Alzheimer’s disease is one of the most common forms of dementia, affecting more than 6 million Americans. While age is a factor, dementia is not a normal part of getting older. Lifestyle changes, including changes in your diet, may lower your risk of developing the disease.
Is there a link between nutrition and Alzheimer’s disease? Yes.
If you’re concerned about Alzheimer’s and diet, there are changes you can make today that might keep you from experiencing the disease. According to the Mayo Clinic, a diet of fresh fruits and vegetables, healthy oils, and foods low in saturated fat may lower your risk of Alzheimer’s.
Here are three simple changes you can make to your diet to reduce the risk of this disease later in life:
Three Diet Changes to Lower Your Risk of Alzheimer’s or Dementia
- Eat more fruits and vegetables.
- Use healthy oils.
- Eat a diet low in saturated fats.
1. Enjoy a diet high in fruits and vegetables.
It’s not a surprise that consuming fruits and veggies keep us healthy. But according to a recent study, a diet high in a specific antioxidant might decrease your risk of this type of dementia.
A study published in Neurology suggests that “higher dietary intakes of flavanols may be associated with reduced risk of developing Alzheimer’s dementia.”
What are flavanols? The beneficial anti-inflammatory antioxidants found in plants. To get the most flavanols in your diet, you can enjoy nearly all fruits and vegetables because most of them have this antioxidant.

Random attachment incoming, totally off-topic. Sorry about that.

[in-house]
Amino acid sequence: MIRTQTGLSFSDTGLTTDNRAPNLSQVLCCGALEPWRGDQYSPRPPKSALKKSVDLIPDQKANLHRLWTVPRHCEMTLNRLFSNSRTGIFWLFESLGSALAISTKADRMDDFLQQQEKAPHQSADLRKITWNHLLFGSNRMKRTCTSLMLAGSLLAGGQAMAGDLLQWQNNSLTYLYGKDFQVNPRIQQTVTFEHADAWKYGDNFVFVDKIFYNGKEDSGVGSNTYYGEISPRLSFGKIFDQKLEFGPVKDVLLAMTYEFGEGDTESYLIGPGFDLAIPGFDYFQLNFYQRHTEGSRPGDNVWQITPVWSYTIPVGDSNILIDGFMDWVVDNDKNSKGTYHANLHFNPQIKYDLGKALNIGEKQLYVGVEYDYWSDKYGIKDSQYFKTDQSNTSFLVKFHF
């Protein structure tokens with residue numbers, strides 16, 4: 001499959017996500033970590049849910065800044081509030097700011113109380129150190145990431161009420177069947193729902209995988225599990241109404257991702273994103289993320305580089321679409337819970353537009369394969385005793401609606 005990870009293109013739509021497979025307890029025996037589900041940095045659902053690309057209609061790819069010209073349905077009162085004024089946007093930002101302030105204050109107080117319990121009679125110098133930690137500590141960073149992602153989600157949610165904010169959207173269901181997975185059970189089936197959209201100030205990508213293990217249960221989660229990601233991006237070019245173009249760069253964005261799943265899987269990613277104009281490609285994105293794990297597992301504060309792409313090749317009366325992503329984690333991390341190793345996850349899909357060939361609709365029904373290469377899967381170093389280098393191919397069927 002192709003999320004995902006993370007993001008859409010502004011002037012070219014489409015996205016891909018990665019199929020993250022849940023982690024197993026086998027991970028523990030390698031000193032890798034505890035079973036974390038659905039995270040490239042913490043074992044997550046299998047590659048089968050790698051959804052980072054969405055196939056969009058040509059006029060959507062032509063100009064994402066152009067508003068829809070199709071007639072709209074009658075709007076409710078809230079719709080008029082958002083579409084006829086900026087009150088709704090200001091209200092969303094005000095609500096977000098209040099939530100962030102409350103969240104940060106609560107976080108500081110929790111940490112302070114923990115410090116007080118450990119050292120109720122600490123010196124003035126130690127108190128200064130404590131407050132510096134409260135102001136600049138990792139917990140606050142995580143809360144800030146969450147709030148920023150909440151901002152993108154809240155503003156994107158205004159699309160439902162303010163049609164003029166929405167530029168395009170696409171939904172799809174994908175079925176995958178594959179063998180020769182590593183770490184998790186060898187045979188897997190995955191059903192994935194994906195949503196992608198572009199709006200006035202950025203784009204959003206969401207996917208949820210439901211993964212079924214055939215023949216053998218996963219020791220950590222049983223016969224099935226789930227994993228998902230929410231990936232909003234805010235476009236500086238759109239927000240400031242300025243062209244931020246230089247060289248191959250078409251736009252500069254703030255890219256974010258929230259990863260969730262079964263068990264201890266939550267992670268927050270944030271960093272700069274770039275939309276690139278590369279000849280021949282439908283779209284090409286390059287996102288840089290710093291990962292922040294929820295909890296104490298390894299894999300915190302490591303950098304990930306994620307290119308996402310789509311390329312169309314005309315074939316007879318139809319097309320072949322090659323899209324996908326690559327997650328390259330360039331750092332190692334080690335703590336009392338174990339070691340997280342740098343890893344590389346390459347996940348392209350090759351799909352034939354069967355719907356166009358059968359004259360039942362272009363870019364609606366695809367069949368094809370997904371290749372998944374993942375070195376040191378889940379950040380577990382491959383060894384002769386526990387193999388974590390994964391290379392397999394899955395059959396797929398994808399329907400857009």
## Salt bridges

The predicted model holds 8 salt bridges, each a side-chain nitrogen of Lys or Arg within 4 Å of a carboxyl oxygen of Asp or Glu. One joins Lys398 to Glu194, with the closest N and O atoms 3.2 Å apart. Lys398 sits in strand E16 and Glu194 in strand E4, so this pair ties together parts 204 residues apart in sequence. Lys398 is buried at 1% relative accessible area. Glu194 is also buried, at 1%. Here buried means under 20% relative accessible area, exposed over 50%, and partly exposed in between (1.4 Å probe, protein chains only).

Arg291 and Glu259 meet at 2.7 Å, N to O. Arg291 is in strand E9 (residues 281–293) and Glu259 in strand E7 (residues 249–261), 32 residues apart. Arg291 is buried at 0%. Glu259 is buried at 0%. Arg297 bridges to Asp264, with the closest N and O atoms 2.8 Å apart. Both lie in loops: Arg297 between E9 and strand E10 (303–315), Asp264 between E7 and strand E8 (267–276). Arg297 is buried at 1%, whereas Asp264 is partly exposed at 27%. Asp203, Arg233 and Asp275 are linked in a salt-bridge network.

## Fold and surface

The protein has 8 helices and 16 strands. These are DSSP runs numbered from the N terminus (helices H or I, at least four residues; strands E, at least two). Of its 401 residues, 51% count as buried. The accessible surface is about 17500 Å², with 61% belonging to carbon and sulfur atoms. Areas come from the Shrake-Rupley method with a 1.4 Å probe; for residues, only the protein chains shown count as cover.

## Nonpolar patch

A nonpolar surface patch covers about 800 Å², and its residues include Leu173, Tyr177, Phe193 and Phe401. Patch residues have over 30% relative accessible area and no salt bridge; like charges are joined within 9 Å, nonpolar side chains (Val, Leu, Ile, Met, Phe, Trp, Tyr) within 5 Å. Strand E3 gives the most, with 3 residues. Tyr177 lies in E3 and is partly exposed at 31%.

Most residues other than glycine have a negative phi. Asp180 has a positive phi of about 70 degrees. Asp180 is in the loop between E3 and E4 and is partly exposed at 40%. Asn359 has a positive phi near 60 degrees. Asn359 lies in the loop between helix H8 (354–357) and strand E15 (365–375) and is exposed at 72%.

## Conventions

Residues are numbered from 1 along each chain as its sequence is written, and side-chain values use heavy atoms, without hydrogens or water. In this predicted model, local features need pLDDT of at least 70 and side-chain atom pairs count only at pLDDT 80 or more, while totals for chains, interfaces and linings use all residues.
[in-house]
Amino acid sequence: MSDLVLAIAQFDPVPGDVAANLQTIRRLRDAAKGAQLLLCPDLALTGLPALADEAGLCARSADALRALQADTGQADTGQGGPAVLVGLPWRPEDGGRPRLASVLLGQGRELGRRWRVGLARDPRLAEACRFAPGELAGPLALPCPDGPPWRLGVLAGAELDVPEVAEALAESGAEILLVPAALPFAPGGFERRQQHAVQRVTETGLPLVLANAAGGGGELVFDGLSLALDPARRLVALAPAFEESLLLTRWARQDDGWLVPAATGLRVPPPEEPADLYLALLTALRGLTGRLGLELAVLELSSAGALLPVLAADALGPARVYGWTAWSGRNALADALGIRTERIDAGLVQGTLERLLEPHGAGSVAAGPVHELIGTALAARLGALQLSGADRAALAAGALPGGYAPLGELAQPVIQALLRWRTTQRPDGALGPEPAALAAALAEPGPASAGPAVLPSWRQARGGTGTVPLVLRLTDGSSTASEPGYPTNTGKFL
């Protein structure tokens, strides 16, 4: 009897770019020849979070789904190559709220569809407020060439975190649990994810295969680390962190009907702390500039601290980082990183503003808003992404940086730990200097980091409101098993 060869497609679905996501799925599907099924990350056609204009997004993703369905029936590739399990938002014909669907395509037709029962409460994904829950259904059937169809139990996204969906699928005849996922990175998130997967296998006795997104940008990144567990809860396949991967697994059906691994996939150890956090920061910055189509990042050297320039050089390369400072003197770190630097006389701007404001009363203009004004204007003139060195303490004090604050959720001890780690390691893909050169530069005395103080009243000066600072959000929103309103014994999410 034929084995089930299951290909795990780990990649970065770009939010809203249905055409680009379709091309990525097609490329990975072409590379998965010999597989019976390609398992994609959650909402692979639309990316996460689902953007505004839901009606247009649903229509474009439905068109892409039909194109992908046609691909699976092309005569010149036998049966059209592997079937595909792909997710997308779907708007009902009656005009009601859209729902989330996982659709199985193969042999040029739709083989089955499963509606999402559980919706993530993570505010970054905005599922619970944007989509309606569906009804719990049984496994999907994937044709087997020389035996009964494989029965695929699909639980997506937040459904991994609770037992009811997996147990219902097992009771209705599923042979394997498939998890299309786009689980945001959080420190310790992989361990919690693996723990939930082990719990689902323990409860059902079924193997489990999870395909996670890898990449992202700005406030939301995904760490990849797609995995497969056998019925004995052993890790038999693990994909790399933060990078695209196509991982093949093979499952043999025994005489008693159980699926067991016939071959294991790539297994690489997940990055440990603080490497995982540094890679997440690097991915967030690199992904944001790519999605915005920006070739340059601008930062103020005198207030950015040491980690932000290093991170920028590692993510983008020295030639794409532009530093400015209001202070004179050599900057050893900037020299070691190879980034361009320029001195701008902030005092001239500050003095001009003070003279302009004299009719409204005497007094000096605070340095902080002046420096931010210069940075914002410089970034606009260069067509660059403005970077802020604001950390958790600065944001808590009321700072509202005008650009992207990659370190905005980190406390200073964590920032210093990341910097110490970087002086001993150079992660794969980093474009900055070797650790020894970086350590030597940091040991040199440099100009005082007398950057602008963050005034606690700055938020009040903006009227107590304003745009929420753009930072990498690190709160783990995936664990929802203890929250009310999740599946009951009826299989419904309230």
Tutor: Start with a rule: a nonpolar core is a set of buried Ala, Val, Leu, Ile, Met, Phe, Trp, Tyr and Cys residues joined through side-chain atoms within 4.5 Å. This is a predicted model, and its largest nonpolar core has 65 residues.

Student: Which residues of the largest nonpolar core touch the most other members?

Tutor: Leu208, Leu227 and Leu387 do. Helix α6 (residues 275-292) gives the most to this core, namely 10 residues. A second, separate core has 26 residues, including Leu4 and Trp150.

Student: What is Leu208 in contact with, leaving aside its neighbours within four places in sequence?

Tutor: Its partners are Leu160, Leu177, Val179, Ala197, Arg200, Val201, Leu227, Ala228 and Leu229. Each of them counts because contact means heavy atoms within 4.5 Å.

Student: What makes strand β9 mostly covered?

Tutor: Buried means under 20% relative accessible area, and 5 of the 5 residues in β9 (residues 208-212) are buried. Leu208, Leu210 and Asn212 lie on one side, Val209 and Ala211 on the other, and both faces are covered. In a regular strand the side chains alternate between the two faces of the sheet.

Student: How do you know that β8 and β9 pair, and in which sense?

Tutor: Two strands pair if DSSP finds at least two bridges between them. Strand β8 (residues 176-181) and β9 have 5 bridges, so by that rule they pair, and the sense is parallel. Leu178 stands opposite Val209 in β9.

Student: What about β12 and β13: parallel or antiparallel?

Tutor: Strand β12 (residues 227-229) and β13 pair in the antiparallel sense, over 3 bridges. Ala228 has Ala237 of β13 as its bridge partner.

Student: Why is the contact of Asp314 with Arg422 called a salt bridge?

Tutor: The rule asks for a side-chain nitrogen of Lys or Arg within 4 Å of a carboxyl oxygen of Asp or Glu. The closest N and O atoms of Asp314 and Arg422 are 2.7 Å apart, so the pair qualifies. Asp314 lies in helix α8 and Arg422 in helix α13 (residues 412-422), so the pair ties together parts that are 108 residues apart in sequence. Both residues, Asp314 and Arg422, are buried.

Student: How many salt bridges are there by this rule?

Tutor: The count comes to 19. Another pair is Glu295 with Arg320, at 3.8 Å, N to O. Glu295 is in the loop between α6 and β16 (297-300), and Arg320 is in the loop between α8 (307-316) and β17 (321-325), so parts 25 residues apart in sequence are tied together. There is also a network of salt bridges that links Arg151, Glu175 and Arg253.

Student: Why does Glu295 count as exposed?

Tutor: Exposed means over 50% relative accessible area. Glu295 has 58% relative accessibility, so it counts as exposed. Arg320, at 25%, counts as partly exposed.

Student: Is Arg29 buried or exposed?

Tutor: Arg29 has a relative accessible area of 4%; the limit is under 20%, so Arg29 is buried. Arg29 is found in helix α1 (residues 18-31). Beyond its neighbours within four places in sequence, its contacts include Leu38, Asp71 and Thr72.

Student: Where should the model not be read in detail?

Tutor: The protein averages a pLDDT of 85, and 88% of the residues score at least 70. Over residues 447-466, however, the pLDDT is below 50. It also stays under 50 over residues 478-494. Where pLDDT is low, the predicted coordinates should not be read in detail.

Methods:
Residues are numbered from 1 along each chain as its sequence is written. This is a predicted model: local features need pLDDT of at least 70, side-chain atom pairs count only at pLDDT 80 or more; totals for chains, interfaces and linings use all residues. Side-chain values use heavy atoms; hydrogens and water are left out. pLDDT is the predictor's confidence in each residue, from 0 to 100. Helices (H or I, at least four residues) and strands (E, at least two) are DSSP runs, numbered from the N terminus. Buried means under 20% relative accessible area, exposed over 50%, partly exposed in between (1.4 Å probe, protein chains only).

2. Consume healthy oils.
The Mediterranean diet has long been associated with a myriad of health benefits. One of the main reasons this diet is super healthy comes down to the oils used in cooking, salad dressings and dips.
A Mediterranean diet often makes use of olive oil, one of the healthiest fats for the body. Olive oil is healthy for not only the heart but also the brain. According to a Temple University Health System study, extra-virgin olive oil preserves memory and protects the brain against Alzheimer’s. And remember those flavonoids? Healthy fats such as olive oil also contain flavanol, making it the perfect staple for an Alzheimer’s prevention and treatment diet.
3. Eat a diet low in saturated fats.
Alzheimer’s and diet are linked in many ways. Along with adding more fruits and vegetables to your diet and healthy olive oil, another significant change is to say no to those high in saturated fats. These include our everyday comfort foods and favorites like cakes, biscuits, fatty cuts of meat, sausages, cured meats, cheese, lard, and cream.
Foods in saturated fats have long been known to affect our heart health, but they are also unhealthy for our brain. Studies have shown significant evidence of a positive association between higher saturated fat intake and dementia.
It’s never too late to make positive changes in your life. At South Atlantic Health Care, we believe in helping our senior patients get the best care they deserve. This includes considering nutrition and Alzheimer’s disease as we prepare meals and provide nutrition advice.